Raise millage rate and save services
We understand you have a tough job and appreciate your efforts. We also applaud the efforts of community organizations and residents who step forward and offer support and partnership to help with the costs of maintaining our county parks. We applaud ongoing efforts for efficiency and cutting waste.
We believe that the time has come to increase the millage rate enough to ease the current budget crunch and to maintain quality of life services that make Hernando County a desirable place to live and work. We want to see our parks stay open. In addition, we want to see the continuation of the Environmentally Sensitive Lands acquisition program to protect our water and natural resources, to bring in tourism and to protect the natural assets this county offers. We would support a special assessment for mosquito control rather than diverting funds from other purposes that have been approved by the voters. We are not only willing to see our property taxes stay level (or increase slightly) through an increase in millage, we would also support modest annual fees as well as daily annual fees for our parks and recreation areas. As we attend community meetings and speak with our neighbors, we meet more and more people who agree that the time has come for a modest increase in taxes and fees to support Hernando County.
We would like to see investment in historical and cultural treasures, such as Chinsegut Hill and the Cannery, that also offer opportunities for history-based tourism and promotion of our agricultural roots. We also believe that water quality and water supply will be crucial issues in the coming decades, and we can't afford not to participate in regional water planning. We believe that the constitutional officers fulfill needed functions to support quality of life and professionalism in government. We do not support the abolition of the constitutional officers, although additional efficiencies might be discovered in administration functions such as purchasing.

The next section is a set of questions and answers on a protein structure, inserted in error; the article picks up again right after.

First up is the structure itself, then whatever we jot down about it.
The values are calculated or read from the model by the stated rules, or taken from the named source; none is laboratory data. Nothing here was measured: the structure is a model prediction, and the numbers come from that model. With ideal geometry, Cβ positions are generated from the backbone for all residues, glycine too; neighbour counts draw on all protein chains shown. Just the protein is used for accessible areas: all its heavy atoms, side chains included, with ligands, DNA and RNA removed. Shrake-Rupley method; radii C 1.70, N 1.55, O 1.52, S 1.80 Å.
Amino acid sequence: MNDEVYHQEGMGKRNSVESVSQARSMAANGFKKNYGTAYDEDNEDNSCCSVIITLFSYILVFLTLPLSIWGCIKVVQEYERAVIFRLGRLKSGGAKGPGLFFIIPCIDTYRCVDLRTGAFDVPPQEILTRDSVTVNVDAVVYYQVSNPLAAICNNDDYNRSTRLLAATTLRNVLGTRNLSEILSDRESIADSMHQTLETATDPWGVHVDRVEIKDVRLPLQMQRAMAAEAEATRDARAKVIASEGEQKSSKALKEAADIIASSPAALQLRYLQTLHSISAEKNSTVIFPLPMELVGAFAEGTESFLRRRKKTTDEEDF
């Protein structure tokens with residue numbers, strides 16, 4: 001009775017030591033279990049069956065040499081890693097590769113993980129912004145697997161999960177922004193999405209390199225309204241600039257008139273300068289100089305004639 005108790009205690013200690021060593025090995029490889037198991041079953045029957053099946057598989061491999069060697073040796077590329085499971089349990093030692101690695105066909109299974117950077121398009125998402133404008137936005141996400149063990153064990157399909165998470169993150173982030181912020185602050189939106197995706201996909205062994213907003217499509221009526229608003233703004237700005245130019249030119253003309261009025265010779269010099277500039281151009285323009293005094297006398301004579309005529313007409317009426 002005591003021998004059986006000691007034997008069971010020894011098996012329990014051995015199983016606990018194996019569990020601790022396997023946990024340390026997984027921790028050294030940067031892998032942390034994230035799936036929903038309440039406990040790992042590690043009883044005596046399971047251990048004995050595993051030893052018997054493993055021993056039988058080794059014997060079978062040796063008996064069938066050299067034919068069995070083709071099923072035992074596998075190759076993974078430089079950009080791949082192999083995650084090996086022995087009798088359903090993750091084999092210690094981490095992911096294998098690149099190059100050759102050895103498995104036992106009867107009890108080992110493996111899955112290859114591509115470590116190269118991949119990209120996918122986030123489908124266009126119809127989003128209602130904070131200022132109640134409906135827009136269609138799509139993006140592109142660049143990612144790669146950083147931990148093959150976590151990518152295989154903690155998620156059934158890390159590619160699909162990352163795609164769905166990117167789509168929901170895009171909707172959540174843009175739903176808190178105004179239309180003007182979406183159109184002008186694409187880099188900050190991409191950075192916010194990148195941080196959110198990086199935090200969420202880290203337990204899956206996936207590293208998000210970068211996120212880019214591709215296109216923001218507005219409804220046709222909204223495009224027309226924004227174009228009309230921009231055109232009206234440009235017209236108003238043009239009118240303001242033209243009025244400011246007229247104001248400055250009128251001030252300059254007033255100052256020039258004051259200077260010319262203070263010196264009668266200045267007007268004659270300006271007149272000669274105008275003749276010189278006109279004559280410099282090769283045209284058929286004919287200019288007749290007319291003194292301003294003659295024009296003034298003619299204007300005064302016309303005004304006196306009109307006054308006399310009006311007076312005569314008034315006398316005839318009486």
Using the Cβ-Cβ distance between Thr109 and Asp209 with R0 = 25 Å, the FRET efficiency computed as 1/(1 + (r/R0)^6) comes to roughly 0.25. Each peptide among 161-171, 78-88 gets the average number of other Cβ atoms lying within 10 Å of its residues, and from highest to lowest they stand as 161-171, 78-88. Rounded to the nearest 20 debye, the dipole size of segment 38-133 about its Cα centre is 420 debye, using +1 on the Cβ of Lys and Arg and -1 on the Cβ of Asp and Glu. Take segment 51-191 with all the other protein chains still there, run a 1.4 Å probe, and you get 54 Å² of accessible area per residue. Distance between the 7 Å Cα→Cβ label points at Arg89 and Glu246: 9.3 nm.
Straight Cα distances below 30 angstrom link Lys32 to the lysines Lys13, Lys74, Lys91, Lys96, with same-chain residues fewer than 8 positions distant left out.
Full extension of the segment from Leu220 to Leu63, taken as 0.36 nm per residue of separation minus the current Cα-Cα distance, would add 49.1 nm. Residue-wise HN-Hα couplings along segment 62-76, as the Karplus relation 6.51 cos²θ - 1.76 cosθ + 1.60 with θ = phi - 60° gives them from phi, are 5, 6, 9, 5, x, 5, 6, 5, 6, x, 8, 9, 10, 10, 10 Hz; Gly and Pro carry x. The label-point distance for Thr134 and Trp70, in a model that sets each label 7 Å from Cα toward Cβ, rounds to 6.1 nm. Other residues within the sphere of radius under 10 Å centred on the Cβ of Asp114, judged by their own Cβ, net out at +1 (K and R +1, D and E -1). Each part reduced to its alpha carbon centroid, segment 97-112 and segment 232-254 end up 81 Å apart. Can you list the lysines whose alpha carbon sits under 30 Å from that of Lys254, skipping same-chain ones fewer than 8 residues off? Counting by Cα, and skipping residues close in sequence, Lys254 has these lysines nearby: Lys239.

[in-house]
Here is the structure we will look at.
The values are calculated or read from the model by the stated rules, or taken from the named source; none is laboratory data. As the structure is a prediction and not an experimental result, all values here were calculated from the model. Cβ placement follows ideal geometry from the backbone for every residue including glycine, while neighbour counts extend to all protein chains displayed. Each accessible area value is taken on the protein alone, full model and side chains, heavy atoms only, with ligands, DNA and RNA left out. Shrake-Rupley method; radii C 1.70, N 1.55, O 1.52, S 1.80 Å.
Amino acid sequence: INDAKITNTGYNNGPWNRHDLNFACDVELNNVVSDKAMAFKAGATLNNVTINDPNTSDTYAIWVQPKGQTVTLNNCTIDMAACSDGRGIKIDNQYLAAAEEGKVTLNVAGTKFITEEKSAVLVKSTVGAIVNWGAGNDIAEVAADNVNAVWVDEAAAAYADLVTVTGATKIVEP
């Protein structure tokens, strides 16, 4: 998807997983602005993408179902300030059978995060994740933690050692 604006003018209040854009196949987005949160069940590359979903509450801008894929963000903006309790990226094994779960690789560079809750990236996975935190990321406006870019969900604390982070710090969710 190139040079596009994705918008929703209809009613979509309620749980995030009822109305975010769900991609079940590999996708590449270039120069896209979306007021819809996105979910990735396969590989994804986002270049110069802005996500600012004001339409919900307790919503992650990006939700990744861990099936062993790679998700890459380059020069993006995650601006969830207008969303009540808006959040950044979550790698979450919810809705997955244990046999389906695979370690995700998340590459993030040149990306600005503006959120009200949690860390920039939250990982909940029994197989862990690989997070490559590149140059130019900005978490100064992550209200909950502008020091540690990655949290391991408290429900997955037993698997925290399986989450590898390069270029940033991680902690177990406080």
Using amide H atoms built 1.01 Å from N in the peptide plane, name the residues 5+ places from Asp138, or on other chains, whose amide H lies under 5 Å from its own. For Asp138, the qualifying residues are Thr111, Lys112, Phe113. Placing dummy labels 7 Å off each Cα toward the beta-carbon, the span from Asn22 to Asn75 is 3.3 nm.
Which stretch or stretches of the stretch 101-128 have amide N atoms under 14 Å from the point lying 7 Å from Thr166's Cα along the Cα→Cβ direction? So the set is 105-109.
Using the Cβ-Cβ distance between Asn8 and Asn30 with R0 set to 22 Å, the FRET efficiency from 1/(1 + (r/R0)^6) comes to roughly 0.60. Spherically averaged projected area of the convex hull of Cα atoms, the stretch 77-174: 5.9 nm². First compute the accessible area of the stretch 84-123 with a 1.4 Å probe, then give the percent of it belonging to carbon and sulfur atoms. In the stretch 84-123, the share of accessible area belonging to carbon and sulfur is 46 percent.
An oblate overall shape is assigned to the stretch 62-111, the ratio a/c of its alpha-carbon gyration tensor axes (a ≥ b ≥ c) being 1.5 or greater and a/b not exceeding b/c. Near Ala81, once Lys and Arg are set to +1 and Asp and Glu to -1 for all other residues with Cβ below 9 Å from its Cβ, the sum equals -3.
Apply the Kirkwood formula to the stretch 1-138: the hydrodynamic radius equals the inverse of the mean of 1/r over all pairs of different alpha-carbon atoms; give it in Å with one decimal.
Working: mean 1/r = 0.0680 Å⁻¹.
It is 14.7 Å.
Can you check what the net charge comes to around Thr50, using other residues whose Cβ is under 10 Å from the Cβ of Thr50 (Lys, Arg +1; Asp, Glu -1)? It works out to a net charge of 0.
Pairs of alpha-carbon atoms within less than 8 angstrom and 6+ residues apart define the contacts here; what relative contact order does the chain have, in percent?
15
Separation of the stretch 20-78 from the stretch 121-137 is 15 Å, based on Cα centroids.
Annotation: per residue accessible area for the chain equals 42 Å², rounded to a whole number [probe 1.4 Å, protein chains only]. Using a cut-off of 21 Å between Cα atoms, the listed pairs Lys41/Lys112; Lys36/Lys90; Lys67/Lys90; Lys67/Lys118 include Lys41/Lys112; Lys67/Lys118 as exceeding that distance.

Although we are retired (except for a small part-time business), and primarily depend on fixed income, we know that quality government services are not free, and we expect to pay our share. In addition, we believe that continuing to erode the amenities and services that drew us here almost 20 years ago works against the goal of bringing new businesses and homeowners to get our economic engine going again.
Please vote now to increase the millage rate to the extent allowable — with the understanding that if other sources of support for needed services are identified, you can make downward adjustments in the actual property taxes in the future.
Larry and Judith Simpson, Hernando Beach
Nugent goes back on his promises
U.S. Rep. Rich Nugent needs to answer the following questions:
1) How many dollars have been borrowed to pay Medicare claims for the past 40 years?